Lovely density and intensity with dark berries, blueberries and inky undertones with hints of spice, chocolate and walnuts. Medium to full body, fine tannins and a flavorful finish. The texture and length are fantastic here. Complex. Hints of smoky wood at the end. This needs three to five years more in bottle age. Exciting wine. Try after 2022.
Drinking Window: 0000 - 0000
Reviewer Name: James Suckling
External Id: James Suckling Tasting Notes
Bottled in January 2019, the 2016 Insignia is a blend of 84% Cabernet Sauvignon, 10% Petit Verdot, 3% Cabernet Franc and 1% Malbec, aged for 24 months in 100% new French oak barrels. Deep garnet-purple colored, the nose is a little reticent to begin, needing a fair bit of coaxing to reveal beautifully beguiling notions of wild blueberries, warm blackberries, black currant cordial, cloves and cedar chest with nuances of camphor, yeast extract, charcuterie and candied violets. Medium to full-bodied, the palate has fantastic elegance and depth, revealing loads of subtle floral, black fruit and earthy layers with a firm, very finely grained texture and seamless freshness, finishing with epic length. 13,400 cases were made.
Drinking Window: 2022 - 2060
Reviewer Name: Lisa Perrotti-Brown
External Id: https://www.robertparker.com/articles/vyJDDE6wai3kgnMj3
The 2016 Insignia has turned out beautifully. Silky, layered and positively striking, the 2016 is magnificent. In this vintage, Insignia is especially silky, refined and understated, which is unusual for this wine that has often been more bombastic. Readers will have to be patient with the 2016, as it needs at least several years in bottle to be at its very best, but this is all finesse and class.
Drinking Window: 2024 - 2041
Reviewer Name: Antonio Galloni
External Id: Vinous Tasting Notes
Fresh, lively, elegant, nuanced and classic in structure, there is a level of purity and delineation in the flavours that is remarkable. Bright red cherries, lavenders, rose petals and graphite add to the wine's sculpted personality. A closing flourish of bright, floral notes adds the final shades of nuance.
There are several reasons for Napa Valley's global renown as a wine region. Most obvious is that the wines are produced to high standards, in a popular style, and are very well marketed. Then there is the region's accessibility from San Francisco. This draws millions of wine tourists to the valley each year to sample its wines and world-class gastronomy. And no less important (even after almost four decades) is the triumph of Napa Valley wines over their rivals from Bordeaux and Burgundy in the 1976 Paris Judgement.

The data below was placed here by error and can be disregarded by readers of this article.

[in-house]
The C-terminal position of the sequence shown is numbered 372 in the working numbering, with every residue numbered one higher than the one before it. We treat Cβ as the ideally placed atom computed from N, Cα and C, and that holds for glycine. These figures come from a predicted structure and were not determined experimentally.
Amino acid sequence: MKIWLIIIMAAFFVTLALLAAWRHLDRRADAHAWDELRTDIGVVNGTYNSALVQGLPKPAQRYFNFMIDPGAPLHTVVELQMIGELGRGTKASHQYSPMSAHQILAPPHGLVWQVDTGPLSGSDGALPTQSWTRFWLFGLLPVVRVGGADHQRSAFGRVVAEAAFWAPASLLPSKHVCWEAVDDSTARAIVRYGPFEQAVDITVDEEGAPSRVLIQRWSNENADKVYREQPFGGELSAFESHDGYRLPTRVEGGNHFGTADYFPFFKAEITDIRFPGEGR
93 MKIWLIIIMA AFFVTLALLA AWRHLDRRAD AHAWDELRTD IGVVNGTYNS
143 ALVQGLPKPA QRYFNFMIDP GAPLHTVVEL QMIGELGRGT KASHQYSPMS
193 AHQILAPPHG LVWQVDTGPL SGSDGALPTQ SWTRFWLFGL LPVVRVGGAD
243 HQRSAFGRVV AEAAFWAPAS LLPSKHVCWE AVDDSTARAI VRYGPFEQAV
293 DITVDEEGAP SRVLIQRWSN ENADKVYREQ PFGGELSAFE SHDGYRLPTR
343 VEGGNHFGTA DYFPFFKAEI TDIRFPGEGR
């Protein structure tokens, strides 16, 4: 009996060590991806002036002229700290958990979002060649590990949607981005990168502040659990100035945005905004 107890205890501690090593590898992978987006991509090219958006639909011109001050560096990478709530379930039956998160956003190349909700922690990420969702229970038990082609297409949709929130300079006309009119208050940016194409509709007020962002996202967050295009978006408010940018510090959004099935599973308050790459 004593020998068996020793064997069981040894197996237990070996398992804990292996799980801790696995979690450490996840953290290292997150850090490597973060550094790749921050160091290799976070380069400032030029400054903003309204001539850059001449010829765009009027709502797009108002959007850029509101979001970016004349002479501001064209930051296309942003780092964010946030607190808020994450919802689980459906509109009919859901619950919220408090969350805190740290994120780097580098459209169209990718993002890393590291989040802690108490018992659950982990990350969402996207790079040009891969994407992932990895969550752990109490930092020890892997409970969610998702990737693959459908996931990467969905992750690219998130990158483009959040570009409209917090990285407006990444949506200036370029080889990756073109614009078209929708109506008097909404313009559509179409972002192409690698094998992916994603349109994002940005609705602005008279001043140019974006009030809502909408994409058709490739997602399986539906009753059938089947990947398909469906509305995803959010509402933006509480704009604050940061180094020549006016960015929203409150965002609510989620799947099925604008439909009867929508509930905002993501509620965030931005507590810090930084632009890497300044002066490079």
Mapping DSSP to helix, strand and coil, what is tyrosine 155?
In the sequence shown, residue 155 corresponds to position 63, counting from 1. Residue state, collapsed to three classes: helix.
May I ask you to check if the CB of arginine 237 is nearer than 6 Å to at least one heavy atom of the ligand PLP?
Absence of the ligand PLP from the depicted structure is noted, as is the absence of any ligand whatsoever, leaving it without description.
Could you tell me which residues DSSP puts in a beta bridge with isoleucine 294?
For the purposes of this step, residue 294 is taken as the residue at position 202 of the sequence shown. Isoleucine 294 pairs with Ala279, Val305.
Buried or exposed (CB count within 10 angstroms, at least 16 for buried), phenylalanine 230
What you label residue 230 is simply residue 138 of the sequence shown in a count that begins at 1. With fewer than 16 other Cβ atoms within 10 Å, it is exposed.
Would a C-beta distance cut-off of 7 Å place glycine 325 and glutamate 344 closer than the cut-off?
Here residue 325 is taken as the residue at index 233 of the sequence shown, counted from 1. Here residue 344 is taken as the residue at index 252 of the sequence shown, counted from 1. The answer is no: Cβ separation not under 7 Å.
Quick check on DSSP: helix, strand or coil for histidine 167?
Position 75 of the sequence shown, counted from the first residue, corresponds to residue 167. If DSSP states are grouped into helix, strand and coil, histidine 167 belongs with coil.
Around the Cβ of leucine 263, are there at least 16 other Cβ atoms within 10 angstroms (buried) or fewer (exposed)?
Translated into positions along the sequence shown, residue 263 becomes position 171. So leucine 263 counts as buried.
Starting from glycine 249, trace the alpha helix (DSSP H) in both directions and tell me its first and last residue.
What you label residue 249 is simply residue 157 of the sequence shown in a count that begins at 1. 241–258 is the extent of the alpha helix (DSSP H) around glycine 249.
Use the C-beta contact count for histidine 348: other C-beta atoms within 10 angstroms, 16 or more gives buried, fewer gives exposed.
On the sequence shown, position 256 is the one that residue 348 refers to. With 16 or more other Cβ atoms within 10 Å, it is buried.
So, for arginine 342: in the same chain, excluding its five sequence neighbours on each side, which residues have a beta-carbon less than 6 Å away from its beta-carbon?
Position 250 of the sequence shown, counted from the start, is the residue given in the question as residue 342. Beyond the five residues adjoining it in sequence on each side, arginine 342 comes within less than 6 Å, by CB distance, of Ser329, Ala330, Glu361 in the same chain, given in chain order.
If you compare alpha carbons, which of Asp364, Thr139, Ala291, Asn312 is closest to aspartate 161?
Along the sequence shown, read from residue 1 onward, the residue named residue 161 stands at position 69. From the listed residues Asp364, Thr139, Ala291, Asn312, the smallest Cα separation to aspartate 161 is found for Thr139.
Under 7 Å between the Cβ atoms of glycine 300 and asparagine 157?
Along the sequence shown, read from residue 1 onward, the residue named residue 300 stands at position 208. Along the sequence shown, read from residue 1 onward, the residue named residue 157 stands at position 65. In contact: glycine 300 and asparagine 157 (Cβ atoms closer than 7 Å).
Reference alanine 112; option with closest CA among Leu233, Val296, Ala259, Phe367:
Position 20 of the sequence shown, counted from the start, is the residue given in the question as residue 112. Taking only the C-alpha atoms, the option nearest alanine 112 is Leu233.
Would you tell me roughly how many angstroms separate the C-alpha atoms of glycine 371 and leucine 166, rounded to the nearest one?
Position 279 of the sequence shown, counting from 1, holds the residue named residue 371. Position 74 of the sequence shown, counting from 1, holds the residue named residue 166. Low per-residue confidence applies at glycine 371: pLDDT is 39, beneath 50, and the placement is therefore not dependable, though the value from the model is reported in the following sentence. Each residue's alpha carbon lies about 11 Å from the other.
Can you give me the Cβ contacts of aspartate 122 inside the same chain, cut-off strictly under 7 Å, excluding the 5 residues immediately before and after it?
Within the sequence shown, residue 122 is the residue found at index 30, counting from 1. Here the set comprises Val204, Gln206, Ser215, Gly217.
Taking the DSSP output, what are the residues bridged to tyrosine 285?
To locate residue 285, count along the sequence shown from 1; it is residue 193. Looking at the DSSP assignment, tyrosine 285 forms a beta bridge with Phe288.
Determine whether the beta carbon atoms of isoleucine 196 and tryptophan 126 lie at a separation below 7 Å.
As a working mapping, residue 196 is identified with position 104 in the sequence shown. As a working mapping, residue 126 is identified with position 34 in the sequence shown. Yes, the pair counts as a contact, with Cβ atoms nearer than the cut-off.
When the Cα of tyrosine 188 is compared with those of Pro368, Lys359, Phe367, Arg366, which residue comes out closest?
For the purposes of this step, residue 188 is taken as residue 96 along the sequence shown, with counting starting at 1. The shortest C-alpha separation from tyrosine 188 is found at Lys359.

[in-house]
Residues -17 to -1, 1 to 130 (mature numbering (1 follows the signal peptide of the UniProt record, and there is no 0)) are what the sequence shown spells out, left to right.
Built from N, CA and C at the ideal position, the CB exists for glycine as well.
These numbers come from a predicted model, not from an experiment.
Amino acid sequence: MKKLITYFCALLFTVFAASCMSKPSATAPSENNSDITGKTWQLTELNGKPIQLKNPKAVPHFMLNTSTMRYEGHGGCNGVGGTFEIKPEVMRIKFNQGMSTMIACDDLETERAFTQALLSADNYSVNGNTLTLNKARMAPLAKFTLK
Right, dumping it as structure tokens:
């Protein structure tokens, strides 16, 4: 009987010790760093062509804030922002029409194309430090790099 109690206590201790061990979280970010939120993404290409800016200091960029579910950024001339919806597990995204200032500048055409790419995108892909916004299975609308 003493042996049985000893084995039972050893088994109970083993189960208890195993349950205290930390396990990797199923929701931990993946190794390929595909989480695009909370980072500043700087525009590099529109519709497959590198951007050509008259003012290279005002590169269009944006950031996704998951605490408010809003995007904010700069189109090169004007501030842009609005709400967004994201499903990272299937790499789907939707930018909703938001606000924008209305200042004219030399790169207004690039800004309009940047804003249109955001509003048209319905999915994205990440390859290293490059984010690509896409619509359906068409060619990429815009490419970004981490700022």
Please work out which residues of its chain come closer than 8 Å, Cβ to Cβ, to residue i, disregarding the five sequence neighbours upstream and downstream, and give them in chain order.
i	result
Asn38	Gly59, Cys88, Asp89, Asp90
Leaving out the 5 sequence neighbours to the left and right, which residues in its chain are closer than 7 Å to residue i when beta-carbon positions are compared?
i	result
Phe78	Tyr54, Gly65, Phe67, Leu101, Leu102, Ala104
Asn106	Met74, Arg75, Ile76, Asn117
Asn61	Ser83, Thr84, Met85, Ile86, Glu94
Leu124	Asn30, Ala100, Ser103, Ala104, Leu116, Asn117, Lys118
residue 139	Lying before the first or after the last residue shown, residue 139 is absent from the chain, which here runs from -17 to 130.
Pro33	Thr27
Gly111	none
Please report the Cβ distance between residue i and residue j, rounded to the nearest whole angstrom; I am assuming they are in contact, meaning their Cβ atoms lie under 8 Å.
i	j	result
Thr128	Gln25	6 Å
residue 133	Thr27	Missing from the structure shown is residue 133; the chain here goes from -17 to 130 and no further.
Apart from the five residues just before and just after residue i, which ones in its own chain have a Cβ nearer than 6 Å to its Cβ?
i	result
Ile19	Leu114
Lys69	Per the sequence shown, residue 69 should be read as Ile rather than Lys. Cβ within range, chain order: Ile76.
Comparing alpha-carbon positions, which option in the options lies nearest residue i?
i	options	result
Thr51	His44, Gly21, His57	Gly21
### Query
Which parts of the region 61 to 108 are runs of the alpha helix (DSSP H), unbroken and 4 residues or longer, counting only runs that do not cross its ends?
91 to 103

Wine has been made in Napa Valley since the 19th Century, but it is only since the 1960s that wine of any particular quality has been produced. The founding pioneers of Napa Valley winemaking were George C. Yount, and John Patchett and his winemaker Charles Krug, founder of the eponymous winery. Also of note are the Beringer brothers Jacob and Frederick, whose Beringer Vineyards (est. 1875) is one of California's oldest continuously operated wineries and features on the the U.S. National Register of Historic Places. Robert Mondavi, who established his winery in 1966, is considered to be one of the pioneers of Napa's modern wine industry, as well as being one of the first proponents of varietal labeling.
The range of grape varieties grown in the Napa Valley has evolved steadily over the 150 years since Yount planted his first vines. Cabernet Sauvignon has risen confidently to become Napa's star performer, and is the most widely planted grape in almost all of the valley's sub-regions. The notable exception to this rule is Carneros, whose cool, breezy mesoclimate is better suited to Pinot Noir and Chardonnay. Merlot is also prominent, although since its fall from favor in the 1990s it is now used mostly as a blending component for Napa's Meritage wines and Bordeaux blends. Although it represents only a small proportion of the valley's vineyard area here, Zinfandel remains significant in the Napa wine portfolio. Hillside sites above the valley floor provide exactly the kind of warm, dry environment in which Zinfandel (California's signature variety) performs best, particularly on rocky, free-draining slopes.
White wines are strongly outnumbered here, but play a valuable supporting role, bringing an element of diversity to the valley. Once upon a time, Riesling was the variety of choice but has now been replaced almost completely by Sauvignon Blanc and Chardonnay.
Climate, geology, and topography are three essential components in what makes Napa Valley such a first-rate viticultural area. The combined influences of San Pablo Bay and the hills of the North Coast Ranges are responsible for the valley's very particular Microclimate. The bay generates morning fog, and the hills channel it inland, up into the valley. Without this fog that comes rolling in from the bays, the valley's climate would be substantially warmer than it is, making it difficult to achieve structure and balance in the wines. The fog doesn't reach the higher parts of the valley, however, leaving these to rely on the cooling effects of altitude to keep their vines in balance. Winery, offering summertime concerts and year-round tastings. The region is also famed for its gourmet food, showcased in the stalls of Oxbow Public Market in the city of Napa.